Using abstract classes to design enemies | Unity
A quick guide about how to use an abstract class to implement enemies in Unity
Objective: Use abstract classes to implement enemy mechanics in a 2D game with Unity.
In the last post I covered how to implement a jump mechanic for our player with Unity. Now, it’s time to start implementing the enemy mechanics in our 2D game by using an abstract class or virtual methods.
Creating the enemies
To start, let’s create a couple of new gameobjects with a sprite to represent the new enemies of our game. For our purpose, we’ll be using the sprite of a spider and a moss giant:
Then, in order to implement our enemies by using an abstract class, let’s create 3 new C# scripts:
This class will be abstract and it will represent the base of every enemy subclass that we’ll use in our game.
- Moss Giant
This subclass will inherit from the Enemy class and will handle the principal enemy mechanics and the moss giant mechanics.
This subclass will inherit from the Enemy class and will handle the principal enemy mechanics and the spider mechanics.
Now, in order to indicate that the Enemy class will be the base of the enemy subclasses, let’s:
- Open the Enemy script and add the abstract keyword:
Note: It’s important to indicate that the Enemy class is abstract so that we can create abstract methods in it.
- Open the MossGiant and Spider classes and change the inheritance from MonoBehaviour to Enemy:
And now, as we know that each enemy subclass inherits from the Enemy class, we can create new variables that we know that every enemy will need to have (like health, speed or gems that it will drop when it gets defeated):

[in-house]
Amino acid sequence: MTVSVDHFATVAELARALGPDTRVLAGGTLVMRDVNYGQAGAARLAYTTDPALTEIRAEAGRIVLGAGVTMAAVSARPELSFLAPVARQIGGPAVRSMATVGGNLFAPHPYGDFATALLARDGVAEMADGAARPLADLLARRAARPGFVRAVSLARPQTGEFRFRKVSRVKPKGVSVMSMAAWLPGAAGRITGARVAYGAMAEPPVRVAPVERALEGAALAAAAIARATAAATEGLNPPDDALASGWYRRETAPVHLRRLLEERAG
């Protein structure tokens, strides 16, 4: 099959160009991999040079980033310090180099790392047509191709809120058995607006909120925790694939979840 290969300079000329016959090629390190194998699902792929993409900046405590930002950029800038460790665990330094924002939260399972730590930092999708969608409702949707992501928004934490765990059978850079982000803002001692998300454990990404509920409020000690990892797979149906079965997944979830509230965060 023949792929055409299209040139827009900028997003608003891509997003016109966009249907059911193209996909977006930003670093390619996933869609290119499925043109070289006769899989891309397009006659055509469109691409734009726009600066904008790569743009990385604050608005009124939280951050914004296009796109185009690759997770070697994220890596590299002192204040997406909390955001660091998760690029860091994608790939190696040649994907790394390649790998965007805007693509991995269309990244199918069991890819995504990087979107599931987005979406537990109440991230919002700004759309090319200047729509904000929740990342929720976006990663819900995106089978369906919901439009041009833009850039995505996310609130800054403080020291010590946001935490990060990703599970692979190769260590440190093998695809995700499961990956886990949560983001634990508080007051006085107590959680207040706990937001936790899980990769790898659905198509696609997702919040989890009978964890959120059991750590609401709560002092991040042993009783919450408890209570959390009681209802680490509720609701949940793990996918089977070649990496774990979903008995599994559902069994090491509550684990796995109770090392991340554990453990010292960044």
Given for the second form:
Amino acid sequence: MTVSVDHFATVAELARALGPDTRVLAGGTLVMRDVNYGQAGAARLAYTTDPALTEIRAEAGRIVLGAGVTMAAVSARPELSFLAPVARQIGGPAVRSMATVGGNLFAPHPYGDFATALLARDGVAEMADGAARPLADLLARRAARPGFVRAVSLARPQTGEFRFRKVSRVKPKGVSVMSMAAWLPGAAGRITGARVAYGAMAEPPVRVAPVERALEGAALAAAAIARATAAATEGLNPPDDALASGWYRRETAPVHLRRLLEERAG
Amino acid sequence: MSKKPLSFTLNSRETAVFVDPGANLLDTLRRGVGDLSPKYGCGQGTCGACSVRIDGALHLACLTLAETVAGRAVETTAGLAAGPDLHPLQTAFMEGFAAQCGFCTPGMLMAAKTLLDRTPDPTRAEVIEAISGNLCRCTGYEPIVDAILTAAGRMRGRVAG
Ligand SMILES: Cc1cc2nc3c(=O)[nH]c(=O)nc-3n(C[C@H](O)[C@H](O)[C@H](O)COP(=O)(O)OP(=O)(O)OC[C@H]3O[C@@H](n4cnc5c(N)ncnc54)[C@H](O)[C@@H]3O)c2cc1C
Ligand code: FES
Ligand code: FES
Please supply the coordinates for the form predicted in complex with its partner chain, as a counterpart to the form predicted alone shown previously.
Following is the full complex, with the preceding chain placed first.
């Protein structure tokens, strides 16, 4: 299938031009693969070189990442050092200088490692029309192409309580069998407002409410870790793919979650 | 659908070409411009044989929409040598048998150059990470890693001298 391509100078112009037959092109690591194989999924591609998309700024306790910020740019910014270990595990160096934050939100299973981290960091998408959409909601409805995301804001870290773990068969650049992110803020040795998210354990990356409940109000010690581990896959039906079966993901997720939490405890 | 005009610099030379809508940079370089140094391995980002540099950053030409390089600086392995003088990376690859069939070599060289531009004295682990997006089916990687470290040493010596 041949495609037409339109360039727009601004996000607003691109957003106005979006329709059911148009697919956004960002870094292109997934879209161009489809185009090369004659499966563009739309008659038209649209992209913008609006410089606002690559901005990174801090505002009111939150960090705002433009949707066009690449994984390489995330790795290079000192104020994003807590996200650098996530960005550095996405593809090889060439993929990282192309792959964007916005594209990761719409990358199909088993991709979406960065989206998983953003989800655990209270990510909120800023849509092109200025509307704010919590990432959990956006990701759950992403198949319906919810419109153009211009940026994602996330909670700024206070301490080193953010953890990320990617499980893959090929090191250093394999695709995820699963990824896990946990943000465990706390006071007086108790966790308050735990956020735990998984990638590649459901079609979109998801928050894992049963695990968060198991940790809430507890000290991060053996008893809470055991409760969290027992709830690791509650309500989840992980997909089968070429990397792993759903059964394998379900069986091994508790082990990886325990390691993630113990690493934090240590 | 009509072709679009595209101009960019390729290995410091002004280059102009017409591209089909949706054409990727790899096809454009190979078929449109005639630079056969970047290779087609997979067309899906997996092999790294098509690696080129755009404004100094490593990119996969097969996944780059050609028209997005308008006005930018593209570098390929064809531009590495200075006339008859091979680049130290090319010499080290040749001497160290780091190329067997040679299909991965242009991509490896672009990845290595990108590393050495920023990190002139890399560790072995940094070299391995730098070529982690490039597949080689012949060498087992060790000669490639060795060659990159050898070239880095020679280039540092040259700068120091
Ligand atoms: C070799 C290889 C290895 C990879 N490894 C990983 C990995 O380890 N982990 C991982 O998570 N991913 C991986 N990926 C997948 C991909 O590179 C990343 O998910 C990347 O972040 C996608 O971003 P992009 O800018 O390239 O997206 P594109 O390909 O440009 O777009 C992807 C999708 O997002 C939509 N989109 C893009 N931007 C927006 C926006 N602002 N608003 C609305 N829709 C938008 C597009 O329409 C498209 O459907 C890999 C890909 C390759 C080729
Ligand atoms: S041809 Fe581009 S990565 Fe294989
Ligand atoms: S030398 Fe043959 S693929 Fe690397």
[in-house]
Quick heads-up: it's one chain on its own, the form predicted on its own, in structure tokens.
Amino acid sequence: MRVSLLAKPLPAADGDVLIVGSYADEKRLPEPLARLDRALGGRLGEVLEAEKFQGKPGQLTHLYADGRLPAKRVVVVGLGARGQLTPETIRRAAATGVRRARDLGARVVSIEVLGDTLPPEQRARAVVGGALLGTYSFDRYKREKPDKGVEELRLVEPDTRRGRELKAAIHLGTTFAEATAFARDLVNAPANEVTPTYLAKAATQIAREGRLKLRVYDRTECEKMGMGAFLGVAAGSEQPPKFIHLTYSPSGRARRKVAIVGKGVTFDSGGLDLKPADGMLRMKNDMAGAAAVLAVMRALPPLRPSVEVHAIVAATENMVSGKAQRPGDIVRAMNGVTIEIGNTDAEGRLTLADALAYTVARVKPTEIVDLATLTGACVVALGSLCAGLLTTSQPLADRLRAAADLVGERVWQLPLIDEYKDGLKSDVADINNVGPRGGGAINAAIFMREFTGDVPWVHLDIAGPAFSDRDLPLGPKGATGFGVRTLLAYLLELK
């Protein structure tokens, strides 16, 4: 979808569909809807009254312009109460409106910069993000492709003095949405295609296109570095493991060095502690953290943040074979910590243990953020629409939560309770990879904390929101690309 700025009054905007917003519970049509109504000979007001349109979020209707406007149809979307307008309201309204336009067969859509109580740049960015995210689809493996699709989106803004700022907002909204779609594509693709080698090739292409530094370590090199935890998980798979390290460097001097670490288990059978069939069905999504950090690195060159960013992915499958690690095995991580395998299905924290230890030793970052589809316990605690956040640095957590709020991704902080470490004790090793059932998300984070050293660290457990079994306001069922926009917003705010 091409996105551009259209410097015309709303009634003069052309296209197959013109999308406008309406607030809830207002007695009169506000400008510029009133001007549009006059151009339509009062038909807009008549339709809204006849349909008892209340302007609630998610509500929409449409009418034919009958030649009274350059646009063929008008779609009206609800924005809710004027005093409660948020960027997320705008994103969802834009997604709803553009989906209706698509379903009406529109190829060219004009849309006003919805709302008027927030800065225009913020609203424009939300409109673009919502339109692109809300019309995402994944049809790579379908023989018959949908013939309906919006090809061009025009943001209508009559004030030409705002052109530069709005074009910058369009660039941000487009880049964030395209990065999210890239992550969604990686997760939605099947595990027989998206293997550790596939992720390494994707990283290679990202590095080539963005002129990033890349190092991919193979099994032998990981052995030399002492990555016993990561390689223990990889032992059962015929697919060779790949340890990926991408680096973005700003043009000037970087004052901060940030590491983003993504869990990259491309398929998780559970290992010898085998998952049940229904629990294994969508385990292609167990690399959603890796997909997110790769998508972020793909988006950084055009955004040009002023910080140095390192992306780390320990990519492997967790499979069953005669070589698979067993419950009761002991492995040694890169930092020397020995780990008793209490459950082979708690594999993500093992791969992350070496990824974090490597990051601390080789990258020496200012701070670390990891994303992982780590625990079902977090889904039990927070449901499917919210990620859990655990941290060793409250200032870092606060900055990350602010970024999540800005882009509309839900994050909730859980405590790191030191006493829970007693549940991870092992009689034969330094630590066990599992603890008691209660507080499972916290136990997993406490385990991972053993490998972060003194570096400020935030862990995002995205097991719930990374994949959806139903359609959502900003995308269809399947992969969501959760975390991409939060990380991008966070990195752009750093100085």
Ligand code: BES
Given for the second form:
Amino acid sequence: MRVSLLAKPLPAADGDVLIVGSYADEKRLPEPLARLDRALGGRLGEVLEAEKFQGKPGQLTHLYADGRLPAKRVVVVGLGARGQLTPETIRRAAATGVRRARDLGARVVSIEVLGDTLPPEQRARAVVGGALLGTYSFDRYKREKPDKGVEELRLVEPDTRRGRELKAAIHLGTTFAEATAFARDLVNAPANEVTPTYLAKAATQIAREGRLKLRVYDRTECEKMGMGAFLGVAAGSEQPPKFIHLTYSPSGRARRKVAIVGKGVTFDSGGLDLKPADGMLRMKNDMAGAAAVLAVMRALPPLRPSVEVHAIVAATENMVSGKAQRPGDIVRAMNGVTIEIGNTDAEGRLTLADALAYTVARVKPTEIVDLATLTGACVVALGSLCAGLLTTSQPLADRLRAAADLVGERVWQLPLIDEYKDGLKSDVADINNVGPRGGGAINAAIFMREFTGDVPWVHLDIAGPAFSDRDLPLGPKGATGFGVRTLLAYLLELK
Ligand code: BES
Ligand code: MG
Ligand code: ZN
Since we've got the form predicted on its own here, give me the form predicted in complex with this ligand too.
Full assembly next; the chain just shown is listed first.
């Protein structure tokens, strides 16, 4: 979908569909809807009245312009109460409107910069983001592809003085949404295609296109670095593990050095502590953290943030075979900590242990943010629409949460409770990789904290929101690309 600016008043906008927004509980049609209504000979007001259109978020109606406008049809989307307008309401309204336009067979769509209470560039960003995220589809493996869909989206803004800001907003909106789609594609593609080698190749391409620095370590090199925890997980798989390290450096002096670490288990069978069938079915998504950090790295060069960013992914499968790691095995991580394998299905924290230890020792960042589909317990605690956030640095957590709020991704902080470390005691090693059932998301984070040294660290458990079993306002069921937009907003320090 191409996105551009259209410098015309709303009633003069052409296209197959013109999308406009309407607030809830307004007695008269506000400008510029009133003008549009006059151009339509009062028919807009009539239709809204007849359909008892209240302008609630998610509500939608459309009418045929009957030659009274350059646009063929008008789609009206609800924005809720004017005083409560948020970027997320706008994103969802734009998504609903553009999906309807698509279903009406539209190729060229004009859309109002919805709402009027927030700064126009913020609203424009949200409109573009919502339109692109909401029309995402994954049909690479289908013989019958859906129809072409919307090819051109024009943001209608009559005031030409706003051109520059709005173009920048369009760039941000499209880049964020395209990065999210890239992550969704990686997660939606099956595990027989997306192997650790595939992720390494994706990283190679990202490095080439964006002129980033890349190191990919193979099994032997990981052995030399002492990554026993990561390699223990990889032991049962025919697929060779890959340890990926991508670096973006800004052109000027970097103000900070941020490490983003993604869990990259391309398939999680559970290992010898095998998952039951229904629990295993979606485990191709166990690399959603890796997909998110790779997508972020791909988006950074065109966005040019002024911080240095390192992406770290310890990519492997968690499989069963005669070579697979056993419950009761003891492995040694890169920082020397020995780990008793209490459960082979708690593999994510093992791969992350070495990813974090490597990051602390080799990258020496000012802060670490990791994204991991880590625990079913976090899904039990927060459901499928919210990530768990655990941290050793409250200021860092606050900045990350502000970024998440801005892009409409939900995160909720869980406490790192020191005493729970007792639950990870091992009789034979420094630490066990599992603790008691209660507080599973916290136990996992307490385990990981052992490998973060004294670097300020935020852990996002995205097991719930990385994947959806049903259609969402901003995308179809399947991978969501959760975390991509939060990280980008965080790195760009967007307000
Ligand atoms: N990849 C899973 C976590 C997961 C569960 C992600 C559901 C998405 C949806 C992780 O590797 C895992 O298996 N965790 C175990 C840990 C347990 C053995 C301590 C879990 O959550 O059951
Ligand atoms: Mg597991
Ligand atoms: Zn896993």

Note: We’ll need to set the variables as protected (or public) to be able to read and use the variables within the enemy subclasses.
This way we’ll be able to attach the respective scripts to our enemies and modify its values through the inspector:
And now, let’s implement a method that each enemy could implement from the base class: Attack. By using a virtual method we’re able to use or overwrite it within the enemy subclasses. Let’s declare the virtual Attack method and print a message when it’s called:
Then, let’s declare the override Attack method within the enemy subclasses. With the override keyword we’re able to overwrite the method from the Enemy base class or also call it within the new implementation by using the base.Attack line:
Now, in order to see how the virtual methods work, let’s use the Start method within the Enemy subclasses to call the Attack method:
If we run the game with Unity, we’ll be able to see that the Attack method from the Enemy base class gets called first (thanks to base.Attack) and then the attack method from the subclasses continue with the execution:
Finally, let’s implement an abstract method for our base class. An abstract method implies that it’s mandatory to implement the same method within its subclasses. So, for example, let’s implement the Update method as an abstract method:
Note: When we declare an abstract method within our abstract class, we can’t define any functionality.
Once Update is declared as an abstract method we’ll be able to see that the compiler displays an error within the subclasses of Enemy:
This error gets displayed because we should implement the Update method mandatorily in the subclasses. So, in order to fix it, let’s implement the override Update method in the MossGiant and Spider subclasses:
This way we can make sure that each enemy that we create implements the Update method mandatorily. By using abstract classes or virtual methods we’re able to deliver a functional and organized set of classes that use similar mechanics like the enemies of our game.
And that’s it, we used abstract classes to implement enemy mechanics with Unity! :D. I’ll see you in the next post, where I’ll keep working in the development of our 2D game with Unity.